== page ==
In 1956, the designation of the world’s most expensive car belonged to Lincoln. The Continental Mark II was a tour de force in styling, luxury, rarity, and price: completely hand-finished, it took twice as long to build as any other Lincoln and came with 43 upholstery choices and 19 colors. In an age of obnoxious fins and chrome spears, it was understated in a European style, something that would be lost on later generations. As a result, it actually looked expensive. And expensive it was—at $10,000 in 1956, the equivalent of $80,000 today, it cost as much as a Rolls-Royce. It cost as much as two Cadillacs. Elvis drove one, as did Frank Sinatra. The Shah of Iran had one, before his unpleasant exile. And it’s little surprise, whether by design or by the whims of the market, or both, that only 3,000 were built over two years—guaranteeing its rarity and value as a classic.
The sordid history of big Lincolns is lost on anyone without an AARP membership, or a morbid fascination with the Zapruder film. Lincoln hasn’t built a Continental in 10 years; its last model was based on a Taurus chassis shared with a minivan. For Lincoln, there’s no way it can command the resources and brand image of a luxury flagship when it sells less than 20,0o0 MKS sedans per year. (By contrast, BMW sells about 6,000 examples of its 5 Series per month.) But that’s OK. Like Acura and Buick, Lincoln is aiming for volume sales instead of attention-grabbing flagship vehicles, because it certainly needs the sales. And the money.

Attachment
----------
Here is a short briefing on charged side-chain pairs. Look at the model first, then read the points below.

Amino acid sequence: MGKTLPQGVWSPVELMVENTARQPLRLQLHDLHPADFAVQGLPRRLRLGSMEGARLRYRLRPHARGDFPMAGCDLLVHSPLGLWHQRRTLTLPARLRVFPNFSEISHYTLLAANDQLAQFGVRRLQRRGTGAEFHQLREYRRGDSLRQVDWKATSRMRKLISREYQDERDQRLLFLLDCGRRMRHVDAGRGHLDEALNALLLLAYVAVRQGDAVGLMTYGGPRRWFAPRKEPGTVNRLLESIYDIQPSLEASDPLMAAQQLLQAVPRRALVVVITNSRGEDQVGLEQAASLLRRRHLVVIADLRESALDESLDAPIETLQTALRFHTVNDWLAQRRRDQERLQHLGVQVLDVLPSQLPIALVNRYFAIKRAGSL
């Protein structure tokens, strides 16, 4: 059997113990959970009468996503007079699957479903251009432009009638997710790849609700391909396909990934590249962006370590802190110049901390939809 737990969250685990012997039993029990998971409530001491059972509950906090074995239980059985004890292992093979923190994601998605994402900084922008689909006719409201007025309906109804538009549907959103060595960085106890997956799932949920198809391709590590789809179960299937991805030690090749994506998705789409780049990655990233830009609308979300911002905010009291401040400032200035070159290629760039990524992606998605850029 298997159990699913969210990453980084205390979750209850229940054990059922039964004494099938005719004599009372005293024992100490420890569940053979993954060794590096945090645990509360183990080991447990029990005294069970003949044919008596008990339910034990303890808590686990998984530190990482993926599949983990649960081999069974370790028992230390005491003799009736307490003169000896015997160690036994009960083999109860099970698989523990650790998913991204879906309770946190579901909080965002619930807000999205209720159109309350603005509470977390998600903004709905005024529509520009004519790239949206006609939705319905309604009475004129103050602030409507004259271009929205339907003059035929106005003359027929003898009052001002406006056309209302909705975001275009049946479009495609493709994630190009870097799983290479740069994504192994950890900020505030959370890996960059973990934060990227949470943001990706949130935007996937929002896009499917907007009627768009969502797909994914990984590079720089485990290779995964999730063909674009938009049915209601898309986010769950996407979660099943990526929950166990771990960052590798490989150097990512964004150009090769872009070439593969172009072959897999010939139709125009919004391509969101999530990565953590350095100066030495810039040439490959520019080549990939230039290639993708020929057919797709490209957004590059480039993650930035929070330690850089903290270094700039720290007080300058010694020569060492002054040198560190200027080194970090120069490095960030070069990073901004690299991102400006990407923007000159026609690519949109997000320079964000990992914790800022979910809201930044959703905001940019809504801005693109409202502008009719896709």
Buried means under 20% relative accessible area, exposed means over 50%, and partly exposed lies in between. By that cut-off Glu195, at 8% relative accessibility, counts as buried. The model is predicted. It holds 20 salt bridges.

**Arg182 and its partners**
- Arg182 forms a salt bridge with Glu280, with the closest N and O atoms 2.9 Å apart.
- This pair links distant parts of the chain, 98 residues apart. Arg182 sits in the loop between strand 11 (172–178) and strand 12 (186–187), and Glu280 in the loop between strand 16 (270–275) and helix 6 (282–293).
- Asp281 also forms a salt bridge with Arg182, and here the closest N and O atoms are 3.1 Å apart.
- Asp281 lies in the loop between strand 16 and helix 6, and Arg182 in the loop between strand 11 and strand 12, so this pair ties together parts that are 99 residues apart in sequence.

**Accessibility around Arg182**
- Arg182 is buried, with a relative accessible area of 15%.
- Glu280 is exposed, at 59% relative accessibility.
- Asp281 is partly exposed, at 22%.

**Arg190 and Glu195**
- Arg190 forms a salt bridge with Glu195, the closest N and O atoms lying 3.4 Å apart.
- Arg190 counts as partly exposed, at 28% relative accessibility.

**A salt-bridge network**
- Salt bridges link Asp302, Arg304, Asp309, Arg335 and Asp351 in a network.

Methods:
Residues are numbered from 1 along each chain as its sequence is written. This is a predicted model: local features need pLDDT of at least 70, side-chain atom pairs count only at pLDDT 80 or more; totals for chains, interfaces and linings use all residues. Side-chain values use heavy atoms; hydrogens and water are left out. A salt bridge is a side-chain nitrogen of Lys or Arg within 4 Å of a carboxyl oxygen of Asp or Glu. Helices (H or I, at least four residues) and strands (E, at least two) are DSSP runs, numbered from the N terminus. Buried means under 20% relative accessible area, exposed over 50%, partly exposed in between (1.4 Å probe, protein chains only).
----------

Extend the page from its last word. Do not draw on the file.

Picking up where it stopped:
Lincoln is focusing on segments that will grant higher volumes, like the entry-level luxury market with the MKZ. As Lincoln’s newest vehicle in years, it could be a flagship. But it has to capture sales away from the Acura ILX and TSX, the Buick Verano and Regal, and the Audi A3, before it can justify getting the funding necessary for a world-beating Continental. Certainly Lincoln is enamored with the idea. But, as Automotive News cites, “Lincoln’s strategy might be dubbed, ‘walk before you run.’”
Lincoln will follow up the MKZ with an equally small crossover, the MKC, based on the Ford Escape. This mirrors Acura’s strategy of pairing the ILX with the RDX. And if the MKZ and its Fusion derivative are any indication, Ford has learned to do a far better job of differentiating between its two remaining brands than in years past.
Henry Ford once said, “a business that makes nothing but money is a poor business.” In that regard, the company he sired is learning to make money in the first place, so it can actually stay in business. That beautiful 1956 Continental? Even at $10,o00 a pop, Ford lost money on every single one built. Lincoln doesn’t want to have that problem again.
Source: Automotive News